One example of an Argentinean Mother’s Day surprise party involves young children gathering their mothers together, encircling them in a room or hallway and reading them poetry. After the reading, a door at the end of the hall is opened to let in all the children’s grandmothers who have remained in hiding up till then. Jubilation ensues.
Inspired by American soldiers in World War I, France celebrated other's Day first in 1918. The Minister of the Interior created the official day in 1920, declaring December 19 La Fete de Meres, Mothers’ Day. The focus then was on the re-population of France following the high rate of attrition from the Great War (aka WWI). Mothers with four or five children were awarded a bronze medal. For six or seven the mother would receive a silver medal, and eight or more offspring garnered the gold. This tradition was abandoned when a more modern version of Mother's Day came from the Vichy government, which on May 25, 1945, instituted the National Day of Mothers. Today a common gift is a cake shaped to resemble a bouquet of flowers, along with candies, flowers, cards and perfumes.
A westernized version of Mother's Day is officially observed on May 10 in India, though cities and cultural centers tend to celebrate it more than the smaller settlements. On this day mothers receive flowers, a prepared meal, cards or a phone call.
Yet apart from the modern version of Mother’s Day, Hindus have long celebrated a 10 day festival in October called Durga Puja. As the ancient Greeks honored their earth goddess, the Hindu holiday praises their divine mother, Durga. This ancient festival has evolved into one of the biggest events in India. Families spend weeks preparing food and gifts for friends and cleaning and decorating their houses for parties. Businesses and companies now capitalize and plan their own special promotions for the event, much the same way American businesses have tapped into the market potential of Mother's Day.
The Japanese call Mother's Day haha no hi. In 1913, Japanese Christians were already celebrating it, based on the American practice. It grew steadily in popularity and in the 1930's it was especially prevalent. That changed during WWII when the practice was banned along with all other western customs.
After the war, however, the tradition was taken up again to help comfort to the Mothers who had lost children in the war. By 1949, the celebration of Mother's Day had again spread throughout the country. The Japanese began holding an art contest for children. The children would enter drawings of their Mothers, and the winning drawings would tour through Japan and other countries in an art exhibit celebrating Mothers and peace. This contest was held every four years.
Today the Japanese celebrate Mother's Day on the second Sunday of May. A family may prepare and enjoy traditional dishes that their mothers taught them to cook. The Japanese give their Mothers flowers (especially red carnations), scarves, handkerchiefs and handbags.
On May 10th the Mexicans celebrate the Día de las madres. In 1922 a journalist, Rafael Alducín wrote an article advocating the celebration of Mother's Day in all of Mexico. Though the practice had already spread to parts of Mexico, Alducín’s article led to widespread observance of the holiday, and May 10 is the universal day of celebration in Mexico. In the morning the mother is usually treated to a song sung by her family, or a serenade by a hired band. A family breakfast or brunch is also customary. Any family trouble or enmity is laid aside and all gather to honor the matriarch.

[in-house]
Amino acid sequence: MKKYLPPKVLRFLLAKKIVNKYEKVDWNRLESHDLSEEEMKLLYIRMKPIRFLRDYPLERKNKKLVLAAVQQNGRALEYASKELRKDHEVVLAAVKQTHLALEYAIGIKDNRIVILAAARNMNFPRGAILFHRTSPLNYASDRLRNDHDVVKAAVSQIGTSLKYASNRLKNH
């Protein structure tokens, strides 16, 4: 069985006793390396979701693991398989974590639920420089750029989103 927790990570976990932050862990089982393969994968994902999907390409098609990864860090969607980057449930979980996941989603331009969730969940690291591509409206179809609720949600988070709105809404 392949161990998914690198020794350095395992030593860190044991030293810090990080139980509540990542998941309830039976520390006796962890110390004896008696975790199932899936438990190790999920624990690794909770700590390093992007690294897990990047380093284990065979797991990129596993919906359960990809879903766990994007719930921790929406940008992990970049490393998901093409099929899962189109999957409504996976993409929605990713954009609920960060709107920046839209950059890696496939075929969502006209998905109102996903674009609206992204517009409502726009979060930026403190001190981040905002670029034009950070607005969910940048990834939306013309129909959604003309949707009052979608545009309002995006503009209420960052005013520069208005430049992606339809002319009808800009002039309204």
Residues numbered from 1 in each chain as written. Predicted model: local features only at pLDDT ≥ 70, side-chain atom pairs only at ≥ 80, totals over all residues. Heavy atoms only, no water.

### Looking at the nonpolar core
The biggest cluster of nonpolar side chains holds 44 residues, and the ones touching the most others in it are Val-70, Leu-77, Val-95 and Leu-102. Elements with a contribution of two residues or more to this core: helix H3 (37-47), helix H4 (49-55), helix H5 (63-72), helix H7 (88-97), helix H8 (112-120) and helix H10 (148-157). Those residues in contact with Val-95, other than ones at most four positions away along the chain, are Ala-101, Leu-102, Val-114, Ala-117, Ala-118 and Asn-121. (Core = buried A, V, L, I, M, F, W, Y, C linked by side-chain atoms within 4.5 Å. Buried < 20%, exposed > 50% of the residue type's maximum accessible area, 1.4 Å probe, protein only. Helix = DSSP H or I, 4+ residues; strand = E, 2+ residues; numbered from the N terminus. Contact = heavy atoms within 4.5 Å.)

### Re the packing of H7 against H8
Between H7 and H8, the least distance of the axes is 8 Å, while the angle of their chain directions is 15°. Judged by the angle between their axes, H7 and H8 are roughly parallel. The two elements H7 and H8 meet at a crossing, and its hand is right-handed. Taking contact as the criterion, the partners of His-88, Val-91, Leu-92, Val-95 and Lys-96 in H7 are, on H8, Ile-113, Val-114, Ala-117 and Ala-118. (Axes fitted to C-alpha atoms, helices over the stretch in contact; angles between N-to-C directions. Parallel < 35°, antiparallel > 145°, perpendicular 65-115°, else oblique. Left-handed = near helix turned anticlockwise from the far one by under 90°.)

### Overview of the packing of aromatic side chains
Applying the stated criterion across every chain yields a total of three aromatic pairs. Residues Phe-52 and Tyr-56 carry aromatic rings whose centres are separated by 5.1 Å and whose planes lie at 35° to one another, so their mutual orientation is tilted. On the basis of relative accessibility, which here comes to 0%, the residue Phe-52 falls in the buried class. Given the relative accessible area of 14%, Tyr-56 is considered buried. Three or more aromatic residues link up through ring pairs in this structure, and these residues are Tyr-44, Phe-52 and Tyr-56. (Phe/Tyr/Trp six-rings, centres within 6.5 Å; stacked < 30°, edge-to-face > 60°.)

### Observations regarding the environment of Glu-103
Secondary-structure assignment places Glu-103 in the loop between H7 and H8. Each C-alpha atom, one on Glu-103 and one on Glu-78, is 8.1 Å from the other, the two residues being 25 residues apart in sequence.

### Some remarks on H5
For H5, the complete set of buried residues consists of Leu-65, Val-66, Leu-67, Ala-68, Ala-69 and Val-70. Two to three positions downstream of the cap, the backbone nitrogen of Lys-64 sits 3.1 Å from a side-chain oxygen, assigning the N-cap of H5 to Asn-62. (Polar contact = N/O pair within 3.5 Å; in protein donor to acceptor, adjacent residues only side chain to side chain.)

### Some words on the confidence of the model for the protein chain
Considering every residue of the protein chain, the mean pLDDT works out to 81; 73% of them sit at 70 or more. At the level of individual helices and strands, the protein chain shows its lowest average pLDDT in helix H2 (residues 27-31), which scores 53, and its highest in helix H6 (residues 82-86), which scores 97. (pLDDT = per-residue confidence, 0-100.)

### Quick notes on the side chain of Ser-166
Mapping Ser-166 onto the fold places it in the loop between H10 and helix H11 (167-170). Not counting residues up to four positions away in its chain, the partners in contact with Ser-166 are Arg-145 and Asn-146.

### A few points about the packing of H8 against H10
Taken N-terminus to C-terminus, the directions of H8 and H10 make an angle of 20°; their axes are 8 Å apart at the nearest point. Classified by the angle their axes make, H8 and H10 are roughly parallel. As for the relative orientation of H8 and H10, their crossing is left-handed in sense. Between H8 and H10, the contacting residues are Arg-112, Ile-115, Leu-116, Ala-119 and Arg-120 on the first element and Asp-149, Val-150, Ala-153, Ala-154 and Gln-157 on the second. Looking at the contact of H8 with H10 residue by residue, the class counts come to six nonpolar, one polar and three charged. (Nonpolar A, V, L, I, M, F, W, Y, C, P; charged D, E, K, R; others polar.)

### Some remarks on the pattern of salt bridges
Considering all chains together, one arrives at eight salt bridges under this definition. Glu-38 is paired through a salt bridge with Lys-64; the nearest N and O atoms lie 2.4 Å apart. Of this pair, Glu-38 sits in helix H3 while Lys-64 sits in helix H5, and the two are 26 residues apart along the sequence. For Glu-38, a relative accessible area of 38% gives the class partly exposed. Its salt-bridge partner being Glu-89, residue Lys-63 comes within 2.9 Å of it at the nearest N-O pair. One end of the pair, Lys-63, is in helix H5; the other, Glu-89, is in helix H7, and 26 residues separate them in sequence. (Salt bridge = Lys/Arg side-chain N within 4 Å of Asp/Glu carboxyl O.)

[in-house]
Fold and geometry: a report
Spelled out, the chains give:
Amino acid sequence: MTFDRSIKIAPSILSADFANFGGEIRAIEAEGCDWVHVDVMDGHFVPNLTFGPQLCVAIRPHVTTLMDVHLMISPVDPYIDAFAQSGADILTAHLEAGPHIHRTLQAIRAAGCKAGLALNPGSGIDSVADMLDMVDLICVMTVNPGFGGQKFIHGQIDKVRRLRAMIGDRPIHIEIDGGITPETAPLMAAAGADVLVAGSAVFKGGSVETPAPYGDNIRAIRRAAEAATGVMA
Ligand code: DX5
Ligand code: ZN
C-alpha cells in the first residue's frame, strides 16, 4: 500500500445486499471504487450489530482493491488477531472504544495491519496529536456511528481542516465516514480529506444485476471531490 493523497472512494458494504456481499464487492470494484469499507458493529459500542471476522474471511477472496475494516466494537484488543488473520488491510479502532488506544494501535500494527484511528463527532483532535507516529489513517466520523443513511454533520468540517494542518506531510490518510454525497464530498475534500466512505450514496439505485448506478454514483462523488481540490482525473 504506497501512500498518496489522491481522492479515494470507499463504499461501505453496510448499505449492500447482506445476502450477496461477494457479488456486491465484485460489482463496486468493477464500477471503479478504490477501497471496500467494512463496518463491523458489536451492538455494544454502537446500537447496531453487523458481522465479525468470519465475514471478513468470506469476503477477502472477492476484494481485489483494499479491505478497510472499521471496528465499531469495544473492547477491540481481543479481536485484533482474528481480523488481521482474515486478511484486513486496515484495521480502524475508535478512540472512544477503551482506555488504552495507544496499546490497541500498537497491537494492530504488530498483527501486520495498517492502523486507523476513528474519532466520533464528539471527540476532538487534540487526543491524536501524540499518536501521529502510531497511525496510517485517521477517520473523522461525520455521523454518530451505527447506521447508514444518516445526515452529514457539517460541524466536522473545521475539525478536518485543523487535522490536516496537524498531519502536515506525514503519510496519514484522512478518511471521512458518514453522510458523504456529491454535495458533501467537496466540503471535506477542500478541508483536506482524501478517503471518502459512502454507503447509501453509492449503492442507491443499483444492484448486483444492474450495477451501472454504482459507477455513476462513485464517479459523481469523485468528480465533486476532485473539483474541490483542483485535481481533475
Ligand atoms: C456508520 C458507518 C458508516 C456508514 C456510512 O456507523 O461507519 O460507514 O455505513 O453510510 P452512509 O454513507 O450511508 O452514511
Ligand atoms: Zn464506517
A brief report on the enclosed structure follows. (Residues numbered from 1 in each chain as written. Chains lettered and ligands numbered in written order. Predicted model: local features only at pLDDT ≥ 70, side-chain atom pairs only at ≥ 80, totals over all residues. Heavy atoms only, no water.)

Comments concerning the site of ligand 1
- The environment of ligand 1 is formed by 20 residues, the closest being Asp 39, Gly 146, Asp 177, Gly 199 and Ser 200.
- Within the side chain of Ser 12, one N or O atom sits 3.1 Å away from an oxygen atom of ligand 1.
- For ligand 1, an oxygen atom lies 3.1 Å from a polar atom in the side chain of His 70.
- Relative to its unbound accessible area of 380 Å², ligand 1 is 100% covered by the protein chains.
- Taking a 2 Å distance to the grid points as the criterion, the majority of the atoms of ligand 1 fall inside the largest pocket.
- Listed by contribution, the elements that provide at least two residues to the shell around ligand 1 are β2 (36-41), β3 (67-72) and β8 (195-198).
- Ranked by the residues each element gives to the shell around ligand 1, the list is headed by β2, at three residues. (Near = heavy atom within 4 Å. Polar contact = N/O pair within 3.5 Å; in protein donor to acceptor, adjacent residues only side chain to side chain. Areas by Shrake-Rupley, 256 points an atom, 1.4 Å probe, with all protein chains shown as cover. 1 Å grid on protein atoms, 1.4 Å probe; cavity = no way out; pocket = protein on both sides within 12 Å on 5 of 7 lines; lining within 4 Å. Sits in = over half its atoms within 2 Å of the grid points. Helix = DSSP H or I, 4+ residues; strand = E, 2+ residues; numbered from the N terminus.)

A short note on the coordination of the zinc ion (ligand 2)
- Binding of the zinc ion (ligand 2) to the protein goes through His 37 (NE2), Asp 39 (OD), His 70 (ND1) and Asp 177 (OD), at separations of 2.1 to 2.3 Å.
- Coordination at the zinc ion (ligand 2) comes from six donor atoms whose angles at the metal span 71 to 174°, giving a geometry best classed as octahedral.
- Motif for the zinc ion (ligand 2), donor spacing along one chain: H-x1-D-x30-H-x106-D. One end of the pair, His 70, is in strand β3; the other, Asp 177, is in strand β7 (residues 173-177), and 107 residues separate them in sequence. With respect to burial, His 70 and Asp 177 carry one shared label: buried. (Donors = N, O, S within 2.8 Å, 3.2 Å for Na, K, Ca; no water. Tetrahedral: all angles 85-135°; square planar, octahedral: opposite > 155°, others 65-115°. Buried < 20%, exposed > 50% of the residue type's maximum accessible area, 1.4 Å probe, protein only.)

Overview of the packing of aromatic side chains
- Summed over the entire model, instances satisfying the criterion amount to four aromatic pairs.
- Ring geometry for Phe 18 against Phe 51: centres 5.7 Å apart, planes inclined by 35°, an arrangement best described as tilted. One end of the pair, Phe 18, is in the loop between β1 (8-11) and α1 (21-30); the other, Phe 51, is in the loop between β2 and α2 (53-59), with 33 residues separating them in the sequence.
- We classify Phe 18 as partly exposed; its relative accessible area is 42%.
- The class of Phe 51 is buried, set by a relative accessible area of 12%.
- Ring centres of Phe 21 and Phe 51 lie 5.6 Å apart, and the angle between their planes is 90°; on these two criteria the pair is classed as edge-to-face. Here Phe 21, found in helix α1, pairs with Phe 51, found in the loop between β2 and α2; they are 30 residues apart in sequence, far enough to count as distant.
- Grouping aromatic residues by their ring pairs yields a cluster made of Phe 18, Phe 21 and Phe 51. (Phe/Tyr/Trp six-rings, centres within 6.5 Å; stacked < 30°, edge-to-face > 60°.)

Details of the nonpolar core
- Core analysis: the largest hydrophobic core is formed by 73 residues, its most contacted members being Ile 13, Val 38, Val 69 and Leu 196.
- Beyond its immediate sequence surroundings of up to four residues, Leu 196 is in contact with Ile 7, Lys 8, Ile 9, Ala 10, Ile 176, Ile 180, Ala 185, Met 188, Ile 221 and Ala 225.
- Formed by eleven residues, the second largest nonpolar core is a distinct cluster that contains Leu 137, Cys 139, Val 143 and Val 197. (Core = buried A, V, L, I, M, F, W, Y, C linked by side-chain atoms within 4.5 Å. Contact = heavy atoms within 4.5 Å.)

Mexicans typically exchange flowers and chocolates. Cards are very popular, and apparently May 10 is the largest day for card sending in Mexico. Phone calls are also customary if the child cannot make it to see their mother.
Like the rest of Europe, England and Ireland observed the mid-Lent holiday and honored and decorated their “Mother Church,” the church where they were baptized. The church eventually extended the observation to honor all mothers. The English called this Mothering Sunday and, in the 1700's they observed it by taking a break from the fasting and penitence of Lent and having a family feast. Children would make a rare journey home from their apprenticeships and jobs to spend the day with their mother and family. Mothering Sunday fell out of practice in the early 1900's. After WWII, however, the islanders once again picked up the tradition, inspired largely by the United States. Today the UK’s Mother’s Day continues in much the same way as the old tradition, with cards and dinners in honor of Mom.
In addition, cakes and flowers—especially violets—are given to Mom on Mother’s Day in the United Kingdom. It is customary to serve Simnel Cake, a glazed fruitcake inspired by a folk tale about a married couple, Simon and Nell. So the story goes, this pair could not decide bake or broil a cake. So in the end they did both. Thus Simnel Cake was born.
Tied to a three day series of holidays, the Mother's Day cycle in Yugoslavia begins with Children's Day or “Dechiyi Dan” three days before Christmas. The following Sunday is Mother's Day or “Materitse”, and the Sunday after that is Father's Day or “Ochichi.”
On Children's Day the children are tied up and not released until they promise to be good. On Mother's day the mother is bound. To earn her freedom she must give the family treats and candy. The father gets tied the next Sunday but must promise more lavish gifts, clothing or shoes, and these items are usually the family's Christmas gifts.
The typical gifts exchanged include candy, sweets, clothing, shoes, coats—and promises of good behavior.